The relationship between an attorney and the client has many different characteristics. The attorney acts as an advisor seeking to understand the goals of the client, and then outlining different alternatives on how to achieve those goals. Occasionally, the attorney is merely a scrivener, recording the client’s actions in a manner that puts them in the best light. In litigation, the attorney is the chief strategist trying to achieve the best result under the constraints of the facts, the law, and the resources the client is willing to spend on the case. In all events, the attorney is the agent, obligated to perform, within the code of ethics, the principal’s (client’s) directions.
At its meeting as Utility Board on January 16, 2013, City Council directed the City Attorney’s office to prepare for consideration at its next regular meeting on January 22, 2013, a charter proposal to make the Utility Board an elected board. Recently, I obtained a copy of the presentation City Attorney Chris Melcher prepared for delivery to Council at that meeting concerning that proposal.
The presentation is striking in several aspects. From the first page it attacks and impugns the direction given to the City Attorney by the Utility Board. In places it is whining about having only two business days to carry out the direction by the Utility Board. (In all my years on Council, I do not recall a single incident when former city attorneys Jim Colvin or Pat Kelly complained about the amount of time given to complete a task.) It is argumentative: Melcher does not take direction from Council, nor does he attempt to objectively outline pros and cons of the proposed action; his presentation is a broadside attack on the proposal. This is not the work of one taking direction from his client; this is the work of one arguing with City Council. It is the work of an attorney publicly telling his client where to stick it.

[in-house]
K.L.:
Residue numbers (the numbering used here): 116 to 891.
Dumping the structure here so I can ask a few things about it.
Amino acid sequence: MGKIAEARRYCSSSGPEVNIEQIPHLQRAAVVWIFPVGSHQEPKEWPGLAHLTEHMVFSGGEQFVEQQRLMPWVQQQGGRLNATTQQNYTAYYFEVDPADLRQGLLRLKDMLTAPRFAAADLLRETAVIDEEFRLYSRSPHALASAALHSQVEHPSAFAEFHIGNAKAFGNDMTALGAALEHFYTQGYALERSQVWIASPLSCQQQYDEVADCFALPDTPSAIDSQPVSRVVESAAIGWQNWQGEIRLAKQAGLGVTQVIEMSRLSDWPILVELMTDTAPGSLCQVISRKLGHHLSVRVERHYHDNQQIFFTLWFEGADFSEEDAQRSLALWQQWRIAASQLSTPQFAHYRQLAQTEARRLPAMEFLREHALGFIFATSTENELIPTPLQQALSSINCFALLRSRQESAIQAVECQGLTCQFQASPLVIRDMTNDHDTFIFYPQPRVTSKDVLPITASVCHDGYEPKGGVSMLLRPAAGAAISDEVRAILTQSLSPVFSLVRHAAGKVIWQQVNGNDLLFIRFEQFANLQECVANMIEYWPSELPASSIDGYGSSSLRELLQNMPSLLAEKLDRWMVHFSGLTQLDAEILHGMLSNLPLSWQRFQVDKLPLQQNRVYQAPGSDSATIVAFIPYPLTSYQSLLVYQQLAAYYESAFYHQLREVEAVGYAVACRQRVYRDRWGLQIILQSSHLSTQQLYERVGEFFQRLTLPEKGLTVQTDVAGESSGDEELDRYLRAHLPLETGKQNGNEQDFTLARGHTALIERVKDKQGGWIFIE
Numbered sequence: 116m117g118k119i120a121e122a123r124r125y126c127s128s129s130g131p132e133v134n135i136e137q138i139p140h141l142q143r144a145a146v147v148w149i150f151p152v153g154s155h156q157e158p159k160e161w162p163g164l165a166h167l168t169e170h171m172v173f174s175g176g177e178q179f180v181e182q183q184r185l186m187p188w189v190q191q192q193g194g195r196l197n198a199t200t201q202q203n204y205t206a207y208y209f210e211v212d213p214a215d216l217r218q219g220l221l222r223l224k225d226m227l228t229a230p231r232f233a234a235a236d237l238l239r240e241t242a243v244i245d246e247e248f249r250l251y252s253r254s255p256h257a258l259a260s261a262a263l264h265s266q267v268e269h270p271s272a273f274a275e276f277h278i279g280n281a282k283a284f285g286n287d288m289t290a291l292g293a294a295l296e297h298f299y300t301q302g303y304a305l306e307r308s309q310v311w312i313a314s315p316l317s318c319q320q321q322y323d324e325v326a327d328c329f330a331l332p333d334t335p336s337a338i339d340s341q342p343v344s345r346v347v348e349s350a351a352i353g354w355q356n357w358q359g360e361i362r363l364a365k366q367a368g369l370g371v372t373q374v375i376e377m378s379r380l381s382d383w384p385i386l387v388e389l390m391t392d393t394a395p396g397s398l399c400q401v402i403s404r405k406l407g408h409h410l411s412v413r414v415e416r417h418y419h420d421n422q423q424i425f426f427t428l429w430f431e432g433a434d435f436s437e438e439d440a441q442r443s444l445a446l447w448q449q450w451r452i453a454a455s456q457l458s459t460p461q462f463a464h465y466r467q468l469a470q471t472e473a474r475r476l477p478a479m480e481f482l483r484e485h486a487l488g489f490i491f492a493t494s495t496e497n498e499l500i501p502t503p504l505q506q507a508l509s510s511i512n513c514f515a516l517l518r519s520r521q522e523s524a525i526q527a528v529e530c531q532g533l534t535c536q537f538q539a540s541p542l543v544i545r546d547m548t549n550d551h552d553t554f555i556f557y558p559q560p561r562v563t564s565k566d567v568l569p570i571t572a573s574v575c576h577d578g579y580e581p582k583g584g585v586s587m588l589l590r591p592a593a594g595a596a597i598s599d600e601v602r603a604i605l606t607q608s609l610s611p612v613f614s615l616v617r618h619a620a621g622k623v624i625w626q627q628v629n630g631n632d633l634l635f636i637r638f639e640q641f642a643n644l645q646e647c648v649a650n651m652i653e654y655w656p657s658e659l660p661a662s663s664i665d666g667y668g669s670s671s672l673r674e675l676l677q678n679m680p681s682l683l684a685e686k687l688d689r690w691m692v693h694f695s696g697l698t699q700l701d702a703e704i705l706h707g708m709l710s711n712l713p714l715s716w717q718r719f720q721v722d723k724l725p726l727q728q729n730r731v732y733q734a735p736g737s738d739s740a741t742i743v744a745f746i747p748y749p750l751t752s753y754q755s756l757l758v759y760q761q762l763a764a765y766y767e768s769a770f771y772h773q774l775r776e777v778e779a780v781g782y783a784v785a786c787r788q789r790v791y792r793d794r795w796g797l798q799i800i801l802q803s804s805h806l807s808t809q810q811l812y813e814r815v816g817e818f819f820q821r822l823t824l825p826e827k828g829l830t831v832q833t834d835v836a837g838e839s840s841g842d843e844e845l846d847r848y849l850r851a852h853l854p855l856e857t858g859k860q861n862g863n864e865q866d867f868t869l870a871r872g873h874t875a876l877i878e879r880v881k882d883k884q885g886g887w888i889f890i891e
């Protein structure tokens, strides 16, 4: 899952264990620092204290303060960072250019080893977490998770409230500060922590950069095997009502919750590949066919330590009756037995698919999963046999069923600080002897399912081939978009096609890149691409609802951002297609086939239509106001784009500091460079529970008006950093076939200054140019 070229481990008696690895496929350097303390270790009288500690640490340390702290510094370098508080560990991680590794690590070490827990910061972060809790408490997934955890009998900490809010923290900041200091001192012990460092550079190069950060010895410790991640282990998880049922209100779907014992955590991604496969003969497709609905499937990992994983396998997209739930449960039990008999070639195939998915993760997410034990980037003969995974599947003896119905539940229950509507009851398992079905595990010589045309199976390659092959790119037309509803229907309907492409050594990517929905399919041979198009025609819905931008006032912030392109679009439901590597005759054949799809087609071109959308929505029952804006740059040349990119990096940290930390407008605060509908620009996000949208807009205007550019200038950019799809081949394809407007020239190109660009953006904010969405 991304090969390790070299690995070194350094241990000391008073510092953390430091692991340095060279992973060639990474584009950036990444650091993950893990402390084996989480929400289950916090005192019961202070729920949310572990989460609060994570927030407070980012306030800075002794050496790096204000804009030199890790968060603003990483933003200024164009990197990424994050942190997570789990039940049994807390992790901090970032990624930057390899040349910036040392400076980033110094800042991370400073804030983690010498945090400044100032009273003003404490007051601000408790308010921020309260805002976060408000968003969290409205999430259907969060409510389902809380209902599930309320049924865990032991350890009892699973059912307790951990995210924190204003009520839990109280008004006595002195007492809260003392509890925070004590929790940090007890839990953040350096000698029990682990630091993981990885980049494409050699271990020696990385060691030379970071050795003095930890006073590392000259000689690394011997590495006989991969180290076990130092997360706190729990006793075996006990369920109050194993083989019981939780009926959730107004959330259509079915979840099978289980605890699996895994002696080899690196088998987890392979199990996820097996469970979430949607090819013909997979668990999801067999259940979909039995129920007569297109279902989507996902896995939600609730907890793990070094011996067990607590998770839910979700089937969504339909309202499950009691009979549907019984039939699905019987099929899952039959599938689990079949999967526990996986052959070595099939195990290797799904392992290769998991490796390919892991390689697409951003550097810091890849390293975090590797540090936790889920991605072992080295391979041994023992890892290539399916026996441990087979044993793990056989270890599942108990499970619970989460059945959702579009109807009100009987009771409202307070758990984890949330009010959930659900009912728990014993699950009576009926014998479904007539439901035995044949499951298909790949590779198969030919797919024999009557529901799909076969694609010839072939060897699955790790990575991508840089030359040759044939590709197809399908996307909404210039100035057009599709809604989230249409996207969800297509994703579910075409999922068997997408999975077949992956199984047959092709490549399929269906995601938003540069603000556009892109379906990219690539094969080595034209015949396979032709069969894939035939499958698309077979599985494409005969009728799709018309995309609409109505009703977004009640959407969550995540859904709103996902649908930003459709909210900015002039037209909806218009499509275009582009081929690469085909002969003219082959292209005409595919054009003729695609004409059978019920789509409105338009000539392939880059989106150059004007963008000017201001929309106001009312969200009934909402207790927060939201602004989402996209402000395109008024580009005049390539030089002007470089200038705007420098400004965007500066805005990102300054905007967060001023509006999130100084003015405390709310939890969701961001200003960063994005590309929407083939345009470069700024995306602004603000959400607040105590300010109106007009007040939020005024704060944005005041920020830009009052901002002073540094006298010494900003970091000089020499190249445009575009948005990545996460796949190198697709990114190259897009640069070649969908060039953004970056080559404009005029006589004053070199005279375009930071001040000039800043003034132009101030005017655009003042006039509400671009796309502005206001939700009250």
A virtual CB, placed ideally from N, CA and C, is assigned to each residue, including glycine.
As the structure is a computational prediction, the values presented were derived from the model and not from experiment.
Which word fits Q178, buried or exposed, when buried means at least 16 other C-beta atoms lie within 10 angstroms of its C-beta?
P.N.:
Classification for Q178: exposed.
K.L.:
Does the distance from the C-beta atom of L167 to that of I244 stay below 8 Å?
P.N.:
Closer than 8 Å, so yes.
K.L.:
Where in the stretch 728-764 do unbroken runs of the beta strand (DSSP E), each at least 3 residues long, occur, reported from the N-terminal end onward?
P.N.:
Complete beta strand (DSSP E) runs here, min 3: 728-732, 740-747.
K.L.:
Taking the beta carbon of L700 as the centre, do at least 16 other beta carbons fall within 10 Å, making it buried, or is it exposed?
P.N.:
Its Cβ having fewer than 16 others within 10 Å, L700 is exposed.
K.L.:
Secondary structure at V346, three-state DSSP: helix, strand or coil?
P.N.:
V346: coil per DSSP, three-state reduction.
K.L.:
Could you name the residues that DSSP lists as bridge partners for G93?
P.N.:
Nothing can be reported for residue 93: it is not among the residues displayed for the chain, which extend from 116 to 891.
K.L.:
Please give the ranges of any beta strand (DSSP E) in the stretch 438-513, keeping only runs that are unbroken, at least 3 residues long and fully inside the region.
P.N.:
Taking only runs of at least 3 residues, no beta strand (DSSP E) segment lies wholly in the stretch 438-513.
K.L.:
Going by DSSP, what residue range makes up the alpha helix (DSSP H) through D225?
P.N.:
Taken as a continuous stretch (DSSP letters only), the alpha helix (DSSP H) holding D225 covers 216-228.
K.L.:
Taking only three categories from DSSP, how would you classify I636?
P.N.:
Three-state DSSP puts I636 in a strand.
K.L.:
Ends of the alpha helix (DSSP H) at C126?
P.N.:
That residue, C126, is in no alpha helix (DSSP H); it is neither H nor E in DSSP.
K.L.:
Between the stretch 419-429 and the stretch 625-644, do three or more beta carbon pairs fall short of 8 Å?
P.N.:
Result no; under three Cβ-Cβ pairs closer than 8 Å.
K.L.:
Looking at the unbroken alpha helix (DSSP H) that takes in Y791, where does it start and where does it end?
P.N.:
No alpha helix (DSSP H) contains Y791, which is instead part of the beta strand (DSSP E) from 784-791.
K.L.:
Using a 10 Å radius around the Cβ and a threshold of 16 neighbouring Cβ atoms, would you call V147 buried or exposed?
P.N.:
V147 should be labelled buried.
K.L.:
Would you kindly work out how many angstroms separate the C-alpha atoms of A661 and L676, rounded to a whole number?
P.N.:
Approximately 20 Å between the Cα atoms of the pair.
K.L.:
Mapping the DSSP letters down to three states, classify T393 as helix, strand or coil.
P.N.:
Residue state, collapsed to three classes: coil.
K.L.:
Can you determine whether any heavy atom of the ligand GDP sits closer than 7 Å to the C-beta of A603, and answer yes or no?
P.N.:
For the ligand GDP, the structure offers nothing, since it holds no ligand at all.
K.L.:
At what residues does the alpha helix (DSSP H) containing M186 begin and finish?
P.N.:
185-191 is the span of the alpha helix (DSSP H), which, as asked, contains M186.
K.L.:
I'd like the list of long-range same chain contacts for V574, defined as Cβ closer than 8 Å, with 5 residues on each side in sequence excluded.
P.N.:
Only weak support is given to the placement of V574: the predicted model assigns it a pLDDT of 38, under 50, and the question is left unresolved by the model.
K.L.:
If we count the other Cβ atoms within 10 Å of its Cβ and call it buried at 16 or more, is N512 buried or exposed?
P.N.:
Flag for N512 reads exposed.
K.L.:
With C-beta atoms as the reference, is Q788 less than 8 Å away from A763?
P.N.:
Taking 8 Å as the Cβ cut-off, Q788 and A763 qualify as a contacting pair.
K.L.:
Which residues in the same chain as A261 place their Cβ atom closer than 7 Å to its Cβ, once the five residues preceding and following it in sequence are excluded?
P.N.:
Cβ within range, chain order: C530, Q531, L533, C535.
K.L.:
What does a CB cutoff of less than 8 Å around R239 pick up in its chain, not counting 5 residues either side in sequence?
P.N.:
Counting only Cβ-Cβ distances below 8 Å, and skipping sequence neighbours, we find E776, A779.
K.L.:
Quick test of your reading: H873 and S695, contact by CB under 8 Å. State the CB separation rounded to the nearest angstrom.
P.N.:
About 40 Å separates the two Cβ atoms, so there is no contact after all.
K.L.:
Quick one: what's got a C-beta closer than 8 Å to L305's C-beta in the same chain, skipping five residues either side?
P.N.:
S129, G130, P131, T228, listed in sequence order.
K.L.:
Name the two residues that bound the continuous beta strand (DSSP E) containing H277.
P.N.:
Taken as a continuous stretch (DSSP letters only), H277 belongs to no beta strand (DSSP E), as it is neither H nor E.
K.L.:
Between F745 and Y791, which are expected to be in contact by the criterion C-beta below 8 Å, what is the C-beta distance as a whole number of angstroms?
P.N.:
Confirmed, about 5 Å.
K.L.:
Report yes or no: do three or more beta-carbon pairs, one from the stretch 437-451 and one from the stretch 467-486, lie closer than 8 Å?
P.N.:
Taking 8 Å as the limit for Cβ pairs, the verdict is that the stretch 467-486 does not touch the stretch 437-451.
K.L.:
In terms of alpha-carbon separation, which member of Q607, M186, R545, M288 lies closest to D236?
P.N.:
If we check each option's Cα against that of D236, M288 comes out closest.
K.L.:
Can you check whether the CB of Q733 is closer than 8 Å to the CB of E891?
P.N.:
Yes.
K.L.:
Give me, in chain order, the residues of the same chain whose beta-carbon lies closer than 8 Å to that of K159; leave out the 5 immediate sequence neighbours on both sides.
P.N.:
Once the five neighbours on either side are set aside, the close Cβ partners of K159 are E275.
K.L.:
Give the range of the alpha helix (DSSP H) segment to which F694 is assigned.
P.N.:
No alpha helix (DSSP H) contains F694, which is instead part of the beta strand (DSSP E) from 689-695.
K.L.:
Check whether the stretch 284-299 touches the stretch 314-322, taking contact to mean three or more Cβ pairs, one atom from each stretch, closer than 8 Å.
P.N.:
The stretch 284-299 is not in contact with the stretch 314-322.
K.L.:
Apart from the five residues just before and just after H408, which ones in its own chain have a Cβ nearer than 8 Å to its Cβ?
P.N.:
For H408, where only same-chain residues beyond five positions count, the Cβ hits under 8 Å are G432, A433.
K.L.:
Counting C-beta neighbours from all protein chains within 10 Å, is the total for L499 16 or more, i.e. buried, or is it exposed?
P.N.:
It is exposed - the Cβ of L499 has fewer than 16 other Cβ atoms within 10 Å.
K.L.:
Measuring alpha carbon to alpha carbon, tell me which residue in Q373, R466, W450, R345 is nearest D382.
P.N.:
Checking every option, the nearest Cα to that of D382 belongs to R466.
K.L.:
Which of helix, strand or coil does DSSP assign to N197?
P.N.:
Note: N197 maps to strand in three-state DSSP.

In the past, when a Council appointee committed such an act, the conversation in the back room was instantly transformed from “Should we let the appointee go?” to “How many days does the appointee have left?” Under the new charter, Council no longer has any authority over the length of the city attorney’s tenure. Once the appointment is approved, only the mayor can terminate the attorney. Nonetheless, reading between the lines of Melcher’s memo, it’s easy to see that there is no working relationship, no mutual respect between Melcher and Council. Perhaps that is why, starting tomorrow, there will be a new person sitting in the city attorney chair when Council meets.
This is a step in the right direction. I have a lot of respect for Wynetta Massey. She has worked in the City Attorney’s office for many years. She is a person of integrity and exceptional legal skills. Nonetheless, she is still an employee of
Chris Melcher the mayor. When push comes to shove, she will face the dilemma
of following orders or seeking to serve Council. Unless Council is willing to make her its employee,
under the city’s current leadership, I fear she is in a situation where she is
destined to fail.
[P.S.: I cannot figure out how to post a copy of the presentation with this post. If you would like a copy, email me; I will send it to you. RP]
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